ike an old friend you haven’t seen in awhile. www.aseparatepeace.info

10. The Swearing Jar

Did you ever have a swearing jar?  I bet someone around you did.  There’s something about this title that we can all understand, and that is inherently funny. And once again, a title does half the show’s marketing for them.  That makes me F***ing interested.  Ahh, darn it.  Here’s a quarter. www.thebridgetheatrecompany.com.

So there you have it. This year’s 10 stand-out shows (with honorable mentions to My Broken Brain, The Morning After/The Night Before and Veritas).

For tickets and info on all the shows in the Fringe, visit www.fringenyc.org today.

Now, it’s important to note, that these are the shows that stand out to me from a marketing perspective.  I have no idea whether they’ll be any good.  These are just the shows that have great potential to get butts in seats.

Then we’ll see what they can do with those butts.

(Hmmmm, this blog could be retitled, “The strangest sign off line in the history of blogs.”)

 

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Looking to learn how to get your show to stand out?  Here are two quick tips:

1 – Read Seth Godin’s book The Purple Cow, my bible to product development and marketing.

2 – Take my Get Your Show Off The Ground seminar, which I guarantee will give you a bunch of great takeaways on how to get your show to stand out at the Fringe, NYMF, and on Broadway!  Take the seminar today.

5 Things I learned about South American theater.

For those of you who follow me on Twitter, you know that I took a trip way south of the border last weekend to South America.  I stopped in Santiago, Chile and Buenos Aires, Argentina to see productions of My First Time.

One of the coolest things about getting to travel to see these productions (besides seeing how each culture tackles this sensitive subject – and yes, there was full-on nudity in the Buenos Aires version of My First Time), is that I’m able to learn a little bit about how each corner of the world tackles theater production.

There are a few things that every country has in common:

  • Producing theater is expensive.
  • It’s hard to get the young audiences to come to the theater.
  • Actors are exactly the same, no matter where you are.  🙂  (And I mean that in the best way possible, I really do).

Here are five things I learned that are more specific to South American theater.

1.  Shows start late.

They eat dinner later then we do in South America, and they sure as churros start their shows later, too.  Most shows start at 9 or 9:30 PM.  And on 2 show days?  Expect that second one to start between 11:30 PM and midnight!  Afternoon matinees are rare.

2.  I saw advertising before I saw my show.

My host and I sneaked into a theater that was showing a Vegas-style Argentinean revue (with more full-on nudity), and right before the show started, about 5 ads played on a giant screen on the stage . . . just like at a movie!  While I was assured this was not the norm at all the theaters, I did notice a lot of in-theater advertising (liquor promotions…etc.).  You don’t see any of that in our theaters . . . mostly due to the contracts the theater owners have with Playbill, which prevents advertising anything other than what is in Playbill’s pages.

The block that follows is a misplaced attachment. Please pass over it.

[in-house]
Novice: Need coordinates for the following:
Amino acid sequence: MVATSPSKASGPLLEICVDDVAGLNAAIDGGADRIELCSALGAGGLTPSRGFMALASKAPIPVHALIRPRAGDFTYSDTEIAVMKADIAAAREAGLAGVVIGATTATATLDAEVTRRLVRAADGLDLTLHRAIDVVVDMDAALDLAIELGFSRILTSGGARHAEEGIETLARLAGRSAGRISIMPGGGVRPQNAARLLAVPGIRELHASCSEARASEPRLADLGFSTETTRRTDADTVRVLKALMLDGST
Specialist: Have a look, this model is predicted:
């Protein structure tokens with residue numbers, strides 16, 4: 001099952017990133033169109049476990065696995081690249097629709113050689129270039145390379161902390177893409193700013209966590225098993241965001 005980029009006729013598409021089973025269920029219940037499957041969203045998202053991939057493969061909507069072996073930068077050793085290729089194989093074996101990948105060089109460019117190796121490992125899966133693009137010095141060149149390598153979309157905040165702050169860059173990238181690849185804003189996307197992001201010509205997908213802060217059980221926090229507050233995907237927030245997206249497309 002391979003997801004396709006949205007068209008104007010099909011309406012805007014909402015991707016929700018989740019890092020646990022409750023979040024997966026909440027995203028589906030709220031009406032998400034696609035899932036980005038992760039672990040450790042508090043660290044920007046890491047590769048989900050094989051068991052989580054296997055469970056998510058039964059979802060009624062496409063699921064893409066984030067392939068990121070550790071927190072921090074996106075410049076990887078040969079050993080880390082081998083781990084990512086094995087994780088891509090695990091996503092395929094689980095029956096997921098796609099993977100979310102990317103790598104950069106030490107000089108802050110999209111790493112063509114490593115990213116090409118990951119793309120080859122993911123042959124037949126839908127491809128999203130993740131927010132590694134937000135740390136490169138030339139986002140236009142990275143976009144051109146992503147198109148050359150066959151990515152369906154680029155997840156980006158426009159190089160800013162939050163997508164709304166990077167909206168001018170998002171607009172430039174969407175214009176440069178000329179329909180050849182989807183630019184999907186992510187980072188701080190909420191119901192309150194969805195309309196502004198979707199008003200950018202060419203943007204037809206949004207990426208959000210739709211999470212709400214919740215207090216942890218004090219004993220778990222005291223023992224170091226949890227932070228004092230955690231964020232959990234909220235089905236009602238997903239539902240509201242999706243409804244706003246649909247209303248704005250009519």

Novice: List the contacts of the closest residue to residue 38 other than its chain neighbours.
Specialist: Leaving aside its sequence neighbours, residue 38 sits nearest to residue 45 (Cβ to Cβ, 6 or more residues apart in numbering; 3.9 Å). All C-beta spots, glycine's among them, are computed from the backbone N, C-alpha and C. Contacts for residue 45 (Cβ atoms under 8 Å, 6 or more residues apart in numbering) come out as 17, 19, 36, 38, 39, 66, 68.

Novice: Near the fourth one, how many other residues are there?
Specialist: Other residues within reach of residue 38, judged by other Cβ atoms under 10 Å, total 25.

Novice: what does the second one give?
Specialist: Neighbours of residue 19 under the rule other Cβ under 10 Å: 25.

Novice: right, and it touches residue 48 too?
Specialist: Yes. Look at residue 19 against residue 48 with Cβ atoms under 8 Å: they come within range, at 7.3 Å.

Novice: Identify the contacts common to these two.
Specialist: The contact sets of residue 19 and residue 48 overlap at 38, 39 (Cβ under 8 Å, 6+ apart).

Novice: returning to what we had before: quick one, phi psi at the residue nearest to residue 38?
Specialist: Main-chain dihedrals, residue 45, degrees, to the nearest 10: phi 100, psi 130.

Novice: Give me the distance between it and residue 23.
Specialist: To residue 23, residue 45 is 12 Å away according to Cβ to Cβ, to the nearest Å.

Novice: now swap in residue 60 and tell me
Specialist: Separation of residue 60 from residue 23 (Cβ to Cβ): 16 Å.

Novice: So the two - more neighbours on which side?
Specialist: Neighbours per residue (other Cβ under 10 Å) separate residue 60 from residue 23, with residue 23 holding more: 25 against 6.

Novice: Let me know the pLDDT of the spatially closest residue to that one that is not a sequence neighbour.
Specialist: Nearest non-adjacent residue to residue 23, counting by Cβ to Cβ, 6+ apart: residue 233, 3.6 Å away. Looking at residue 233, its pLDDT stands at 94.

3.  Don’t want to pay rent?  Pay a percentage.

Flat rents for the performance spaces in Chile are unheard of.  Instead of paying a base rent and a small percentage, Producers get the space for free and then pay the owners 40% of the box office and keep 60% for themselves.  In Argentina, you have a choice between a flat rent and a percentage (which most producers opt for) which was closer to 70/30.  These percentage deals are why so many “Off-Broadway” shows are able to be produced in Buenos Aires and in Santiago.

Perhaps our theaters here could provide this option rather than sit empty?

4.  Sponsors are everywhere.

This isn’t new. Sponsors are a key part of commercial theater production in every other city around the world, except New York City.  But you know what was new?  American companies were sponsoring these shows in South America!  I saw 7-Up sponsoring an Off-Broadway venue.  Citibank paid for the naming rights to one theater and was a sponsor of several other shows.  Hey guys in ties . . . uh . . . have you tried looking in your own backyard if you want to sponsor theater?

5.  Why do 8 shows?

The standard number of performances for a big show down yonder averages about 6. They don’t have the audiences for 8, so they don’t do 8.  Some do 5.  Some do 6.  They shake it up depending upon demand.  Funny, isn’t it?  A country that has had one of the most fragile economies in the world, knows more about supply and demand than we do.
In addition to learning a lot about the theater in South America, I managed to squeeze in some sightseeing as well.  Can anyone name the building in the pic in this blog that has musical historical significance?